Left and middle panels: PIONIER square visibilities and closure phase (dots) plotted together with the bestfit binary model (solid lines). The colors represent the four different pointings detailed in Table 1. The rightmost panel shows the reduced χ^{2} of the model with respect to the position of the secondary. The red cross represents the astrometry of the bestfit model, while the open circle represents the prediction from the published orbit at the time of observation. The gray line indicates the trace of the orbit, the gray circle its periastron passage, and the gray dashed line shows the line of nodes. 
2. Observations
Supplementary interferometric data were obtained with the PIONIER combiner (Le Bouquin et al. 2011) at the Very Large Telescope Interferometer (VLTI, Haguenauer et al. 2010). The use of the four 8 m unit telescopes (instead of the four 1.8 m auxiliary telescopes) was necessary to observe Haro 114C (H = 8.0 mag). The visible magnitude (V = 12.3 mag) was enough for the MACAO adaptive optics system to provide an adequate correction during the observations. Data were dispersed over three spectral channels across the H band. We obtained four calibrated points during the night 20130619 (ESO convention). Telescope UT4 was missing during the first point because of technical problems. To calibrate the fringe visibilities and the closure phase, we interleaved observations of unresolved single stars between those of Haro 114C. These reference stars were found with the SearchCal^{1} software in its faint mode (Bonneau et al. 2011). Table 1 summarizes the log of observations. Data were reduced and calibrated with the pndrs package (Le Bouquin et al. 2011).
Log of observations with the Uniform Disk Diameter (UDD) of the reference stars.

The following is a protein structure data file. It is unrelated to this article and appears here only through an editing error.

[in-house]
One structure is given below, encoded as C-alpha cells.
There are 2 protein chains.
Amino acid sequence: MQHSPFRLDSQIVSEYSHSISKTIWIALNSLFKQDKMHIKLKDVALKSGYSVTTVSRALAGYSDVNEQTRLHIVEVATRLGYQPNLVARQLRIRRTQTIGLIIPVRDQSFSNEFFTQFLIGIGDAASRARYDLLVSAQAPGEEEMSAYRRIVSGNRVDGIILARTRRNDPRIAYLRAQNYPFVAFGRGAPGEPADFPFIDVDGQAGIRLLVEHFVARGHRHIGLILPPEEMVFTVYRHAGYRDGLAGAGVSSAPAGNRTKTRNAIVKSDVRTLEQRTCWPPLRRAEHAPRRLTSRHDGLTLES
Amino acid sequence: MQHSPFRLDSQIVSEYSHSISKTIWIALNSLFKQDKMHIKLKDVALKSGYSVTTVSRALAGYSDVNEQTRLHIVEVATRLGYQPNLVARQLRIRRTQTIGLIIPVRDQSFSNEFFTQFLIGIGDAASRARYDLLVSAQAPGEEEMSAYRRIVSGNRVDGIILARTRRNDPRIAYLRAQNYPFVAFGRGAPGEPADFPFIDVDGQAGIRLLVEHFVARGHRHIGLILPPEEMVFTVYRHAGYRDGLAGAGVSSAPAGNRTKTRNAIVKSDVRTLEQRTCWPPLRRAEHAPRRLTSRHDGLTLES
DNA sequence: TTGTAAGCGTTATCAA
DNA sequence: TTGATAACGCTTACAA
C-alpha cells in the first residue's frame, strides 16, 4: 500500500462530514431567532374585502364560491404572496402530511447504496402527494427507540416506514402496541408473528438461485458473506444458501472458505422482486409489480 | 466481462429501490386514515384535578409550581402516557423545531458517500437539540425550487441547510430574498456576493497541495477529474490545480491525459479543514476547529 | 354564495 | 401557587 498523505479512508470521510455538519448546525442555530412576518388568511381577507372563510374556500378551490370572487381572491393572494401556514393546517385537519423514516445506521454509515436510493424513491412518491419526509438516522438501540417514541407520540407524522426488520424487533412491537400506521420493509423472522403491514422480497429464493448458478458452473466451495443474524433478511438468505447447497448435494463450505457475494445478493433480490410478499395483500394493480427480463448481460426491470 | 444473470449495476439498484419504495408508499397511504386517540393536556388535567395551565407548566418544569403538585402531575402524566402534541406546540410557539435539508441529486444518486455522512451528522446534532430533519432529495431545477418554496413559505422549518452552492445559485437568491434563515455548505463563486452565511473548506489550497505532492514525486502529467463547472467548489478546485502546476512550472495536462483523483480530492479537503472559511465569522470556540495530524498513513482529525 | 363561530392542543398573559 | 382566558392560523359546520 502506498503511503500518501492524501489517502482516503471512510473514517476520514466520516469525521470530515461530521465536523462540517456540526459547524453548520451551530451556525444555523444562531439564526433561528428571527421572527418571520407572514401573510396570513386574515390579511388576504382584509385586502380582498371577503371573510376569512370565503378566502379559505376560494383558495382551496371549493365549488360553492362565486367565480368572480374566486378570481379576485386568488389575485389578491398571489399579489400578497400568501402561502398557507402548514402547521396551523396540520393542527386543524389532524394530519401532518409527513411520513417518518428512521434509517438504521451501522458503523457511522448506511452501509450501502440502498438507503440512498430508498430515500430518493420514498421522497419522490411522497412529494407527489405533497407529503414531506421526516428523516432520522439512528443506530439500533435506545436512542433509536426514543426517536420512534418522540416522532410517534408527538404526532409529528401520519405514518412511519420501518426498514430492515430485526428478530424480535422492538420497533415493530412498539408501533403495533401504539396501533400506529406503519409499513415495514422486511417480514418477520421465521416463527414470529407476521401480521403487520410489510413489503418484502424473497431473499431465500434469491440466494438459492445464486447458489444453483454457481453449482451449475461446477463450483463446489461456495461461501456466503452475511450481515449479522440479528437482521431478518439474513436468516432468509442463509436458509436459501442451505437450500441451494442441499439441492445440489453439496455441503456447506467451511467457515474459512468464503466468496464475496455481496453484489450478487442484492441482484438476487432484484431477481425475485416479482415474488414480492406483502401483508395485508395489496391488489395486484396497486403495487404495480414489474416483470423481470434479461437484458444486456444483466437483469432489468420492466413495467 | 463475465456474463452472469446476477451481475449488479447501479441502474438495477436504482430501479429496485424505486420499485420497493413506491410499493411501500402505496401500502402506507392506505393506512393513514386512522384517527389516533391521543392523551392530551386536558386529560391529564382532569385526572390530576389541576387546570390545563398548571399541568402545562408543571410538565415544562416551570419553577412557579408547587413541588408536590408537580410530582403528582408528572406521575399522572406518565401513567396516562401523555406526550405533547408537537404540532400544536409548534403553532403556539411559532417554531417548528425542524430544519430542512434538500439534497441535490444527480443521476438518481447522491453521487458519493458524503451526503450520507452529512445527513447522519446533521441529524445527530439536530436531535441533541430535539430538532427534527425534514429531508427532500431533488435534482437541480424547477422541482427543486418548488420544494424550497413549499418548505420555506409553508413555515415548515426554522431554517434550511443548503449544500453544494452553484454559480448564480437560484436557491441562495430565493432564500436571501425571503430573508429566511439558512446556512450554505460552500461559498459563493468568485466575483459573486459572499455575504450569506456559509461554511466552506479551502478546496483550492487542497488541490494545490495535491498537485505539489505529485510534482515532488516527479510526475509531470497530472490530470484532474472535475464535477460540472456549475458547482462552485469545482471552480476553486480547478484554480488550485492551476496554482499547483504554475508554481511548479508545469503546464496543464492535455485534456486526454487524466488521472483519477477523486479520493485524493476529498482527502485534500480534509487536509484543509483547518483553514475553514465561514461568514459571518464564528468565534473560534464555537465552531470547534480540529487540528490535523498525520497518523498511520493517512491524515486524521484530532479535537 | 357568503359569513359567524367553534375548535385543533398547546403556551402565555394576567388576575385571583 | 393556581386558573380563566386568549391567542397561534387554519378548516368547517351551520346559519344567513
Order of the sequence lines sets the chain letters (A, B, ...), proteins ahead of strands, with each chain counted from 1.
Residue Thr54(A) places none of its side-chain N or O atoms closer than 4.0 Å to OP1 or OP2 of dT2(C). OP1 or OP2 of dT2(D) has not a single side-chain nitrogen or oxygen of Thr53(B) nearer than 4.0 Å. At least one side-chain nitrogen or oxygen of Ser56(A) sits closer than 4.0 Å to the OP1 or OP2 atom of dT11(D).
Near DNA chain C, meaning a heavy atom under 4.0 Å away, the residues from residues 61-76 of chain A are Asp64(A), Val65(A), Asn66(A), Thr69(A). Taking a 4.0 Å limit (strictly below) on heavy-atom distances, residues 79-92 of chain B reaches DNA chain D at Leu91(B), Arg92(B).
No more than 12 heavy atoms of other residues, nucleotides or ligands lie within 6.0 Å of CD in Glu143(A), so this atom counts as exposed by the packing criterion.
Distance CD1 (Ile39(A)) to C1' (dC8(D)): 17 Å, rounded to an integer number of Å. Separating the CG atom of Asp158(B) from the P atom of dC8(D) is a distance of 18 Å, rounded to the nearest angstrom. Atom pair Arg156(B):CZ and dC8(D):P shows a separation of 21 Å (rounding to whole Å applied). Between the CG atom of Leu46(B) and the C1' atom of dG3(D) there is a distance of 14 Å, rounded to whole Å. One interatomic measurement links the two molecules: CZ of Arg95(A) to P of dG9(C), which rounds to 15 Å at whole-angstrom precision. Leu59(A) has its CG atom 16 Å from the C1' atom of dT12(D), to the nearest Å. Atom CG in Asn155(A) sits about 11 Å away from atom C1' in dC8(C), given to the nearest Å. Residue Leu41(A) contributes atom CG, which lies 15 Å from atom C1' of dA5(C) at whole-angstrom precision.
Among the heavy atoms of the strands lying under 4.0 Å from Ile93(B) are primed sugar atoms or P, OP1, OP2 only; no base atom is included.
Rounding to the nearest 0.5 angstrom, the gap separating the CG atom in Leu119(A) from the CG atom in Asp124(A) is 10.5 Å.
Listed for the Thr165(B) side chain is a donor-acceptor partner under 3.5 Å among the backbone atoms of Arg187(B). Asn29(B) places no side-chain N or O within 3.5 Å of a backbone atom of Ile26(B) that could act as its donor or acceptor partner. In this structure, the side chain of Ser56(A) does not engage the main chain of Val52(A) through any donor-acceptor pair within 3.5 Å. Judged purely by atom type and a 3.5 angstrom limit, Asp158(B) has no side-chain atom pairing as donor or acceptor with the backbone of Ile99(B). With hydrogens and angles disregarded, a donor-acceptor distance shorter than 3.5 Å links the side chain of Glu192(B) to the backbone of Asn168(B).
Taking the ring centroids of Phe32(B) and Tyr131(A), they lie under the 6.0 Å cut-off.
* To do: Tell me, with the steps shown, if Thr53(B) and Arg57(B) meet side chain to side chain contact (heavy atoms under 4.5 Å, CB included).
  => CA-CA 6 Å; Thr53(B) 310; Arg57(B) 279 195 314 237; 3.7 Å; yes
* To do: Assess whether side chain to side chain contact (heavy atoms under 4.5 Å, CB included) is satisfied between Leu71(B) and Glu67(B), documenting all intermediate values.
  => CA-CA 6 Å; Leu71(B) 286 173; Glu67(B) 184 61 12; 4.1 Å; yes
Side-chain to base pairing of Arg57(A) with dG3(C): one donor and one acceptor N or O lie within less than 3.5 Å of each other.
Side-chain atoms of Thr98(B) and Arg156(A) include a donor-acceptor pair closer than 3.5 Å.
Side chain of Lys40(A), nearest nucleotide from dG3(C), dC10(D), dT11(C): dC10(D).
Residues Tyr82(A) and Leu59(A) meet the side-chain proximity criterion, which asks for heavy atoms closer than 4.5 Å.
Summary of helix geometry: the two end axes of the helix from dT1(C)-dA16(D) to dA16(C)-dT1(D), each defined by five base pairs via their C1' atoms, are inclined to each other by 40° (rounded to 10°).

The calibrated square visibilities and closure phases are shown in Fig. 1 together with the bestfit binary model. The expected diameters of the individual components, <0.15 mas, are unresolved by the longest VLTI baselines and were set to zero in the fitting procedure. Thanks to the simultaneous combination of four telescopes, the binary was detected without ambiguity in the relative position of the two components. We performed a bootstrap analysis by randomly selecting subsets of the observations and adding noise to these datasets. The uncertainty is given by the dispersion of the bestfit parameters when fitting these datasets. The bestfit position of the faint component with respect to the bright component is (δEast = −2.66 mas, δNorth = + 0.74 mas). The 3σ error ellipse is (0.53 mas, 0.22 mas) with a position angle for the major axis of 130deg, measured east from north. The average Modified Julian Day of observation is 56 463.104.
Fig. 2
Left: bestfit orbital solution compared with radial velocities of the primary (blue) and of the secondary (red). Right: bestfit orbital solution compared with the pseudoastrometric uncertainty regions from KeckI (colors) and VLTI (black, smaller than the symbol size). In both plots the black circles are the predictions from the bestfit orbital solution. 
Fig. 3
Probability distributions for the most relevant parameters (inclination, distance, and masses of the components). 
3. Combined orbit
At first consideration, the orbit published by Schaefer et al. (2008) is largely inconsistent with the PIONIER astrometry (reduced ). The observed astrometry is in the vicinity of the periastron, but the date of observation is far from the expected periastron date (MJD = 56 616.1), which is well constrained by the radial velocities of the primary.